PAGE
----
In addition, the “main goal” of introducing the market sounding provisions in MAR was not to ensure “the possibility for NCAs to obtain a full audit trail”. The purpose, as set out in Recital 35, was to provide a safe harbour and thereby to encourage market participants to adopt stringent processes for market sounding, largely in line with was already market practice in Europe before MAR.

To our understanding, and in our experience, Article 11 is very frequently complied with by professional advisers (banks, etc.) when carrying out market soundings in behalf of clients. Sometimes minor deviations are made, as and when prompted by the circumstances, including practical and technical realities. As mentioned, complying with market sounding (wall-crossing) procedures largely in line with Article 11 was market practice already before MAR.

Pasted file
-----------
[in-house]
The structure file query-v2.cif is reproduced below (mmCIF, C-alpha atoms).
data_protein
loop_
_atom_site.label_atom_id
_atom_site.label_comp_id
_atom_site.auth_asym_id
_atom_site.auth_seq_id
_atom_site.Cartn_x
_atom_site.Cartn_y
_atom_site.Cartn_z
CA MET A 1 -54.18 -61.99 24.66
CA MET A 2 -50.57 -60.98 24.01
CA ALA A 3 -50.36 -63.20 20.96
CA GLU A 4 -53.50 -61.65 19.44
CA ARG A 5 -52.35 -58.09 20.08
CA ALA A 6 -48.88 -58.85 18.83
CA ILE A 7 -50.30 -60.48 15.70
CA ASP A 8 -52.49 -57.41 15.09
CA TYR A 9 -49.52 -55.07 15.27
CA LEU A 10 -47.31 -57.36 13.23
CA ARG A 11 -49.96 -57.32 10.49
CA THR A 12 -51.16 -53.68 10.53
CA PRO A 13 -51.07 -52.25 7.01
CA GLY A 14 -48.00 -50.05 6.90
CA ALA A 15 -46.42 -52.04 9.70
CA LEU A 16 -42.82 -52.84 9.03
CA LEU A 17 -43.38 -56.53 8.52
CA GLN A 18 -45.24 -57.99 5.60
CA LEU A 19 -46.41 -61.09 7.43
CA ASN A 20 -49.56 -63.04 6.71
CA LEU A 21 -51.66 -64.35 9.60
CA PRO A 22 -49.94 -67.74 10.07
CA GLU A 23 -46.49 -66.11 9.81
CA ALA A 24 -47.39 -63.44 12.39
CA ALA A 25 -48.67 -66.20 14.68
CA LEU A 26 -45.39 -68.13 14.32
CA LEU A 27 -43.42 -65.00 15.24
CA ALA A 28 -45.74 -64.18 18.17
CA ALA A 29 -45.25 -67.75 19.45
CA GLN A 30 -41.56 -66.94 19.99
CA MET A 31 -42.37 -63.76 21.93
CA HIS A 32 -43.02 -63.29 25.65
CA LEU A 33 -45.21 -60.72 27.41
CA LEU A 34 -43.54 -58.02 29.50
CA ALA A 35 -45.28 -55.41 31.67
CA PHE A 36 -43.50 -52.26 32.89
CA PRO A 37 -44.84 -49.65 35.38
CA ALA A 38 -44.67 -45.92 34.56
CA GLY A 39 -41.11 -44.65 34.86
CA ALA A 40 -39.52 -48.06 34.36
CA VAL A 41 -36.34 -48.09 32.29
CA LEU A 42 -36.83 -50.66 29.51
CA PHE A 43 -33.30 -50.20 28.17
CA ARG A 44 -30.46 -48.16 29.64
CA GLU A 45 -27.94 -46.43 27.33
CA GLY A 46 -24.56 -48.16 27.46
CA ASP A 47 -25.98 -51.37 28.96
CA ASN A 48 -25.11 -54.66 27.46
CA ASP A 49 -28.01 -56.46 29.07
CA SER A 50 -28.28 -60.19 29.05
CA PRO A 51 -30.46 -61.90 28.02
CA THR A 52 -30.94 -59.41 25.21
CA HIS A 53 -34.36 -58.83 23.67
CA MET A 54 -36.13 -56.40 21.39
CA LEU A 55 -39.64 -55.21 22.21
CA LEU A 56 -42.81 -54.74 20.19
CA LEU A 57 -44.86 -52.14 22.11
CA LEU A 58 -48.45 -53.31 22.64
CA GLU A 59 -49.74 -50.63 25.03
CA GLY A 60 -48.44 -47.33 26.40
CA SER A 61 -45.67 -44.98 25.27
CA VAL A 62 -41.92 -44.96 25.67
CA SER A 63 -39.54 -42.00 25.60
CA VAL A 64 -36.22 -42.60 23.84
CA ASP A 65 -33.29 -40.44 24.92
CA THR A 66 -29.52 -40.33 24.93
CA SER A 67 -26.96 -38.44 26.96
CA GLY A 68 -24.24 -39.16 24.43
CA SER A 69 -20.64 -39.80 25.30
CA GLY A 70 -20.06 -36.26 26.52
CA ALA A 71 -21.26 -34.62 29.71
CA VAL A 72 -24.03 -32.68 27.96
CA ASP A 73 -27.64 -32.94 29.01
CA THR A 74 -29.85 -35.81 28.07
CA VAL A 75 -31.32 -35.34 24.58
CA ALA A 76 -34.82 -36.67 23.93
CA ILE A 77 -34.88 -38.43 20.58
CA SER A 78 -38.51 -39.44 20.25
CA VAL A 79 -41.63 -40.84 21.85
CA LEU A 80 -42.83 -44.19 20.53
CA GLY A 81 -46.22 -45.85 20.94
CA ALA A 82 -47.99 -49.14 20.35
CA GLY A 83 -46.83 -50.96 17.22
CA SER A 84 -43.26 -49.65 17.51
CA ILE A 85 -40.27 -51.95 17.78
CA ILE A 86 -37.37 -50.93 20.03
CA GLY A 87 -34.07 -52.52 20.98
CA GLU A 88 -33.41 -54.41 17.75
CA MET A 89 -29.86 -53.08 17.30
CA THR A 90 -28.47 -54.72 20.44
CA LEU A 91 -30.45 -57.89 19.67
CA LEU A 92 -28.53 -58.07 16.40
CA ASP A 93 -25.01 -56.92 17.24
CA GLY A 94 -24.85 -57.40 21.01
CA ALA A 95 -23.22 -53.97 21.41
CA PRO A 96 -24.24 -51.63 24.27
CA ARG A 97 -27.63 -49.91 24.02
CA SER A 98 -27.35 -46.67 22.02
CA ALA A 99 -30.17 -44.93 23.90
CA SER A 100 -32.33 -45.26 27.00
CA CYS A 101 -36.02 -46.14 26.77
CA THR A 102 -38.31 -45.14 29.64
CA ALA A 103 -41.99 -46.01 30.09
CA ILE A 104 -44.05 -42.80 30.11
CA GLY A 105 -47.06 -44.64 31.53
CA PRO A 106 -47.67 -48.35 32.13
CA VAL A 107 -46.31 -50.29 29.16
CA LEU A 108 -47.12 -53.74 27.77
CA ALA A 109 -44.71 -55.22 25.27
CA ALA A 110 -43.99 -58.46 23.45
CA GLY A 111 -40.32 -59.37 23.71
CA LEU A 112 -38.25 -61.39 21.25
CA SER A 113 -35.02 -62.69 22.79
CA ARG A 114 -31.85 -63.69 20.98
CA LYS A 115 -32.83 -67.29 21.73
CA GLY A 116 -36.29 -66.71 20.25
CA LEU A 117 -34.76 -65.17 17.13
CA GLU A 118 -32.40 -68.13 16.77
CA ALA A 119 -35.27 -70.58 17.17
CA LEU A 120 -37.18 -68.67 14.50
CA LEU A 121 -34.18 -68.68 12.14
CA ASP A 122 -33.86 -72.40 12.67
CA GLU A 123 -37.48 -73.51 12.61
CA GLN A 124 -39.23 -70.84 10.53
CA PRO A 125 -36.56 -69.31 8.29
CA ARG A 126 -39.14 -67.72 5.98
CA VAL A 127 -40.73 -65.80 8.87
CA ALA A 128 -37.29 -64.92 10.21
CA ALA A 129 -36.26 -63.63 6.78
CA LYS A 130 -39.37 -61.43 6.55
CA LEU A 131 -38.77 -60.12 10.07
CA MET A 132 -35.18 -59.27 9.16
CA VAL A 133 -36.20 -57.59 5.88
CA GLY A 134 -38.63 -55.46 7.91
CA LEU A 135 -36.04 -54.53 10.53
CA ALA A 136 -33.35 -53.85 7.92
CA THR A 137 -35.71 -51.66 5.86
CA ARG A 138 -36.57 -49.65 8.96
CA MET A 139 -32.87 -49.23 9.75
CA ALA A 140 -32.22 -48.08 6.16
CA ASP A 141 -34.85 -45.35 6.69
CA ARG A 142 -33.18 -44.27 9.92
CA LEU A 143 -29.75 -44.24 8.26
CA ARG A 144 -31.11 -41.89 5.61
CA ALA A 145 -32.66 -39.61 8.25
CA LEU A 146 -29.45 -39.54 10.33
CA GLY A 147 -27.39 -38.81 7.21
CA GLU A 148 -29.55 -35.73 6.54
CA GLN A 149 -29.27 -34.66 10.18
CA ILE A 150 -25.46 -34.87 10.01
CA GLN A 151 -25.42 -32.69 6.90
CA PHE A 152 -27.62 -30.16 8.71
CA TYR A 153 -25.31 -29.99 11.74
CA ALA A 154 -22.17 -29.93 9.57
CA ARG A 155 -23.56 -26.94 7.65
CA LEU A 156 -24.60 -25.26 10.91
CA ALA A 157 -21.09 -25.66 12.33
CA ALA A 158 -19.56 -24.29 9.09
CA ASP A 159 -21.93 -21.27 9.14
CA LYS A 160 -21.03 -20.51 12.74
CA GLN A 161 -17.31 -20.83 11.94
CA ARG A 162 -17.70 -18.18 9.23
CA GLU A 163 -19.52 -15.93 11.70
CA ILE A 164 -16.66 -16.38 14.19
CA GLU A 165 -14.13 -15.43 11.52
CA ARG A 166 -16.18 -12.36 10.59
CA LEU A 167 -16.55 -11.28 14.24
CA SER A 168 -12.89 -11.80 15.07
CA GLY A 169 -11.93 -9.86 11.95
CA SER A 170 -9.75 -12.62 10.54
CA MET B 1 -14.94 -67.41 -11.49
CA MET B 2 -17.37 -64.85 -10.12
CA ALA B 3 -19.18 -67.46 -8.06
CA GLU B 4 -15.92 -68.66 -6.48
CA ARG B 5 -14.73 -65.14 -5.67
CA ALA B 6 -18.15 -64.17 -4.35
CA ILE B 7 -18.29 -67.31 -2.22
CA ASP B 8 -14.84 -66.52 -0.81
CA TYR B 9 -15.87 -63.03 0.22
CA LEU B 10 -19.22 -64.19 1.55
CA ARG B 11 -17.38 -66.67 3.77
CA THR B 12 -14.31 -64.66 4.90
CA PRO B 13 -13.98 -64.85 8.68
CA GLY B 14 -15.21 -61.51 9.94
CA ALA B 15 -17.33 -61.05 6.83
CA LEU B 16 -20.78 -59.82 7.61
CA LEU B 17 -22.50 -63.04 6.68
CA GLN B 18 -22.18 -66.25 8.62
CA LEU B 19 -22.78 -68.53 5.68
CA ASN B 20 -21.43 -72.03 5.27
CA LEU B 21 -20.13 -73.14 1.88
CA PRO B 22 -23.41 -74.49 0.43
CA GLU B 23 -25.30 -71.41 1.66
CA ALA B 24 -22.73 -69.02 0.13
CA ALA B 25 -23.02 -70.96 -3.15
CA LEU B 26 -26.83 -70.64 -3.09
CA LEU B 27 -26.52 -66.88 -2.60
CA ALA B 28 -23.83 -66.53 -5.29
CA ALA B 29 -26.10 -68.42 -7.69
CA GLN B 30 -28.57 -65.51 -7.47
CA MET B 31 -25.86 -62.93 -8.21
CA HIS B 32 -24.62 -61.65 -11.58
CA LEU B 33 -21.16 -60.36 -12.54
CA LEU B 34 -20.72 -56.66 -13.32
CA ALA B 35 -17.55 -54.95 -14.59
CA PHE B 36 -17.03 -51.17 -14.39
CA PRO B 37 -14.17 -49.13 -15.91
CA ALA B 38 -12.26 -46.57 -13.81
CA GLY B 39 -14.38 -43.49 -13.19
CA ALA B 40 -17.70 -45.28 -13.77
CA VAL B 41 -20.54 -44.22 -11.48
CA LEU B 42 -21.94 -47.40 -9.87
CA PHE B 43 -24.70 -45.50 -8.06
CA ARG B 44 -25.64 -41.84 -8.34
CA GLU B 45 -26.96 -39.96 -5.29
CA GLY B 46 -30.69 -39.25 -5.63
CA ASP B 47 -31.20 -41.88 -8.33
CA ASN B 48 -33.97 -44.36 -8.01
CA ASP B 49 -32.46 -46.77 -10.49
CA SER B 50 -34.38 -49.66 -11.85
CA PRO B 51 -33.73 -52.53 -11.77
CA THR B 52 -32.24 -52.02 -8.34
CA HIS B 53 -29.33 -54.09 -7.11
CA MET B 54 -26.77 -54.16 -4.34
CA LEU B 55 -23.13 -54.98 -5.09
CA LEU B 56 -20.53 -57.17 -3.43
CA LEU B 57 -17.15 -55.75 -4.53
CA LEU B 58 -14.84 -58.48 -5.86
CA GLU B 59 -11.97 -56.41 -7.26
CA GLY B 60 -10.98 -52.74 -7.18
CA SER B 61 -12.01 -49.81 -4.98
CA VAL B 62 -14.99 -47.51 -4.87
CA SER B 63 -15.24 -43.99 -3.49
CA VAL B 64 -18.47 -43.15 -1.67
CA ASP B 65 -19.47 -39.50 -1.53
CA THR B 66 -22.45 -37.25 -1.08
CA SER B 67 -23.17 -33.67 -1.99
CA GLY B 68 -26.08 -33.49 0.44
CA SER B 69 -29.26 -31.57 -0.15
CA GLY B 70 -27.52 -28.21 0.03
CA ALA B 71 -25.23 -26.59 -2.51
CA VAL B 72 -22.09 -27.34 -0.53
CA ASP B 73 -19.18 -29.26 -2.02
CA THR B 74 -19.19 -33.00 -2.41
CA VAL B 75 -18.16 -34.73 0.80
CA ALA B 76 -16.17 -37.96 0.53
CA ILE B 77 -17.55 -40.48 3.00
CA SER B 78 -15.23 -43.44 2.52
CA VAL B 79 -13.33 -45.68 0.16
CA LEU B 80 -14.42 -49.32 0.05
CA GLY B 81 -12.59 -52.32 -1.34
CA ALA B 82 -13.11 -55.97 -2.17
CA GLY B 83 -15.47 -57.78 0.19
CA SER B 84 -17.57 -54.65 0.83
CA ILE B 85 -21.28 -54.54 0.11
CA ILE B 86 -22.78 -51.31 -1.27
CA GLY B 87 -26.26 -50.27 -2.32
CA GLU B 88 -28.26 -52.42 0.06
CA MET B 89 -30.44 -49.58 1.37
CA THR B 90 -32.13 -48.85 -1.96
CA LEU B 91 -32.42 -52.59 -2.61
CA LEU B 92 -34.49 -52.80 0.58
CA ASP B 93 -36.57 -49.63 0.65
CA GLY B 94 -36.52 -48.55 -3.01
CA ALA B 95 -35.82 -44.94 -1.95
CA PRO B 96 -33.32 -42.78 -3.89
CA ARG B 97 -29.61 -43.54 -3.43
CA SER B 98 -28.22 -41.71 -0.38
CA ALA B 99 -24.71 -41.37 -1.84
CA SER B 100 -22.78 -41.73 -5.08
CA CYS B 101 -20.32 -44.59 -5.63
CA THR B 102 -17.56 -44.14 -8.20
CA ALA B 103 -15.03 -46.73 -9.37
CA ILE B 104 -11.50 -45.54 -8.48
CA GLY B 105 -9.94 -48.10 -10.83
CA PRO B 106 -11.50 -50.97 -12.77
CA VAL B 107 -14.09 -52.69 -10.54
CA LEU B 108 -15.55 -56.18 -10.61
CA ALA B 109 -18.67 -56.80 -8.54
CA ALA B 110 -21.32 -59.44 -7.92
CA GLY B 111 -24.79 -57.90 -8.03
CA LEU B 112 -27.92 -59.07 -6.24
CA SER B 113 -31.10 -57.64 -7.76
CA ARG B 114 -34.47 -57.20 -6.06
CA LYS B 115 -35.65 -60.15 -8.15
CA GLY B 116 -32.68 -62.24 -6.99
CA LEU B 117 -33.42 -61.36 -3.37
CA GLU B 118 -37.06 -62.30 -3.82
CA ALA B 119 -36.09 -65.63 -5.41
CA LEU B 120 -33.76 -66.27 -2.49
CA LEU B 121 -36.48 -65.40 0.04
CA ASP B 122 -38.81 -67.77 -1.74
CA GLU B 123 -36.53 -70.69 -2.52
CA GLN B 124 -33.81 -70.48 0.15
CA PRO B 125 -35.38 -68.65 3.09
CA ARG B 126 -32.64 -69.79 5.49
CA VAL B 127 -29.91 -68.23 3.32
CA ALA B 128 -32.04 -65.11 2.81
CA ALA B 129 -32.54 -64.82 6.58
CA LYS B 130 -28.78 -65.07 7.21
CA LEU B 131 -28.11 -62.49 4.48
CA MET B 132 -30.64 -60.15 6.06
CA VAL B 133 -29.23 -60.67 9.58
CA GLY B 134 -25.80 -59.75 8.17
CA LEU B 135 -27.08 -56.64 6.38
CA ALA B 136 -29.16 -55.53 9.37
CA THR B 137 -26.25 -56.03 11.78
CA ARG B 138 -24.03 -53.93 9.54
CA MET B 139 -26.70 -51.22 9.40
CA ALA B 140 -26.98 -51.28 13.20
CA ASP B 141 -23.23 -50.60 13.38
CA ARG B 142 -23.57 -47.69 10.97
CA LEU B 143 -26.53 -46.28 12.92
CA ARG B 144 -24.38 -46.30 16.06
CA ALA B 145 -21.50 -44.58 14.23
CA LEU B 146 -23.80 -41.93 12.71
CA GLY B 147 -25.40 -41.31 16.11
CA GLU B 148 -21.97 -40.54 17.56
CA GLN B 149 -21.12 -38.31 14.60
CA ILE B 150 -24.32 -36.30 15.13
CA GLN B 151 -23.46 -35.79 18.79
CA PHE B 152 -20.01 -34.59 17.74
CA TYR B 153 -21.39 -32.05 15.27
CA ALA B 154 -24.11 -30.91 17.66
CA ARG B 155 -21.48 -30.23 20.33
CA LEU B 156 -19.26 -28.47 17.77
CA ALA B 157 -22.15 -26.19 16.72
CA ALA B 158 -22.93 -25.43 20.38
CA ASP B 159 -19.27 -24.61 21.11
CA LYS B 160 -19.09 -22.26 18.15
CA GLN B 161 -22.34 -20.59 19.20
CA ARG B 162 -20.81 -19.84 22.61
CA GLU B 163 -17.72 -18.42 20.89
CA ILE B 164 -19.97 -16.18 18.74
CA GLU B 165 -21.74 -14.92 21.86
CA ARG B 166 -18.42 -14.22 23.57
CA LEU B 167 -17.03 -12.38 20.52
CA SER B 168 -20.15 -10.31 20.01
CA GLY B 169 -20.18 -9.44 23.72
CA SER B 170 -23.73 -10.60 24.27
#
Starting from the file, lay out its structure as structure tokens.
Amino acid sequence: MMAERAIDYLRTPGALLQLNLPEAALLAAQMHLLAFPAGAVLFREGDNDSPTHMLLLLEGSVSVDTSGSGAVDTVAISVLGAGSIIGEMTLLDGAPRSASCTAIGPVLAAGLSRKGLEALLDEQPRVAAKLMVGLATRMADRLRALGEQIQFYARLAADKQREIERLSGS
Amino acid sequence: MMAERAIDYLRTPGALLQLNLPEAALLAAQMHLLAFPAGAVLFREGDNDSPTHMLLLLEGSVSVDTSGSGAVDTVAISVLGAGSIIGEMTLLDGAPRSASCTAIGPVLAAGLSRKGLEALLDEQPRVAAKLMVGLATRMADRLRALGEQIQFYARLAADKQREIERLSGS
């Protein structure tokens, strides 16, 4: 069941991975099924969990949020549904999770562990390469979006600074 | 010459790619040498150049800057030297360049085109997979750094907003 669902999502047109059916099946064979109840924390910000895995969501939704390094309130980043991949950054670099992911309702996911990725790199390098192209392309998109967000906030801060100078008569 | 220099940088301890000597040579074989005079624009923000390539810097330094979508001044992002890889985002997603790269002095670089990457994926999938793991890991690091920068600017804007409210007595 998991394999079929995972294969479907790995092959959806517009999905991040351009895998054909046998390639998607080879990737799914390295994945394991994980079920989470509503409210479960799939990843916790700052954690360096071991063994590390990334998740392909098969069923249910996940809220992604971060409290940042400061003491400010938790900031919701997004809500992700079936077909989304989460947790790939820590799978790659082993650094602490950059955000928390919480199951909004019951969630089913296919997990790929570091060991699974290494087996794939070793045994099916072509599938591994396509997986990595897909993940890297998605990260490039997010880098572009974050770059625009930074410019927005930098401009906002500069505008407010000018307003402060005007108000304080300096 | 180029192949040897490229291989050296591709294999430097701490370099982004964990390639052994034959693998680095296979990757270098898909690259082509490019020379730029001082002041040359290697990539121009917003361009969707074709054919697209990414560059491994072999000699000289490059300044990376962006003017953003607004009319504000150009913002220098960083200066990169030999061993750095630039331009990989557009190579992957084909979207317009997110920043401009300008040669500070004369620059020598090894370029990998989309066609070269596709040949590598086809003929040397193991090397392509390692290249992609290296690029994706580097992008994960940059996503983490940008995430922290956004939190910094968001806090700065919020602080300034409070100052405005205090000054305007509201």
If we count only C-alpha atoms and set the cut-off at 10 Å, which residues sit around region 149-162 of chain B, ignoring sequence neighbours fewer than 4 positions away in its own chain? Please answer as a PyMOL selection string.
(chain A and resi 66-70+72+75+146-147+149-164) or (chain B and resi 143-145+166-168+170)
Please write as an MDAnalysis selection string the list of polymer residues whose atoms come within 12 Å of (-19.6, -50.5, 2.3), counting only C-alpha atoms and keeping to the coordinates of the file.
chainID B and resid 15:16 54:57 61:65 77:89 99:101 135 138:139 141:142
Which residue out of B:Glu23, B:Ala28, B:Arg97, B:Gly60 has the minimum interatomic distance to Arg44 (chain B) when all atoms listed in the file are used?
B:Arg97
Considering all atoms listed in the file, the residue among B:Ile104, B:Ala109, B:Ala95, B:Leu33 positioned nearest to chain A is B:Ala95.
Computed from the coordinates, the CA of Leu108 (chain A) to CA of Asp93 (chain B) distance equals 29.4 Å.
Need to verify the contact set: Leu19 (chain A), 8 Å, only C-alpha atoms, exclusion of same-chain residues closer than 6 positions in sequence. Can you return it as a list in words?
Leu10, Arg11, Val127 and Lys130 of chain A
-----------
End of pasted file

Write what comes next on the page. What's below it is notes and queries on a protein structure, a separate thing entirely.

However, there are no doubt situations where the highly formalised procedures set out in Article 11 are not capable of being fully complied with. This is largely they case when issuers and potential takeover bidders act on their own behalf and not through advisers. For example, if the issuer wishes to sound its largest shareholder (say, a long-term family office or private, industrial holding company) ahead of a potential capital raise (for example, a rights offering), this would typically be done by way of the issuer’s chairman or CEO meeting or telephonically speaking with the chairman or CEO of the owner to discuss the matter at hand. Clearly, such a discussion cannot be commenced by the issuer chairman reading a formalised sounding script to the other individual. Several other scenarios can easily be laid out, illustrating why Article 11 cannot be made obligatory. Not least, if Article 11 were amended accordingly, many completely legitimate discrete approaches ahead of potential takeover bids could not take place, thereby risking that value-creating transactions will never happen.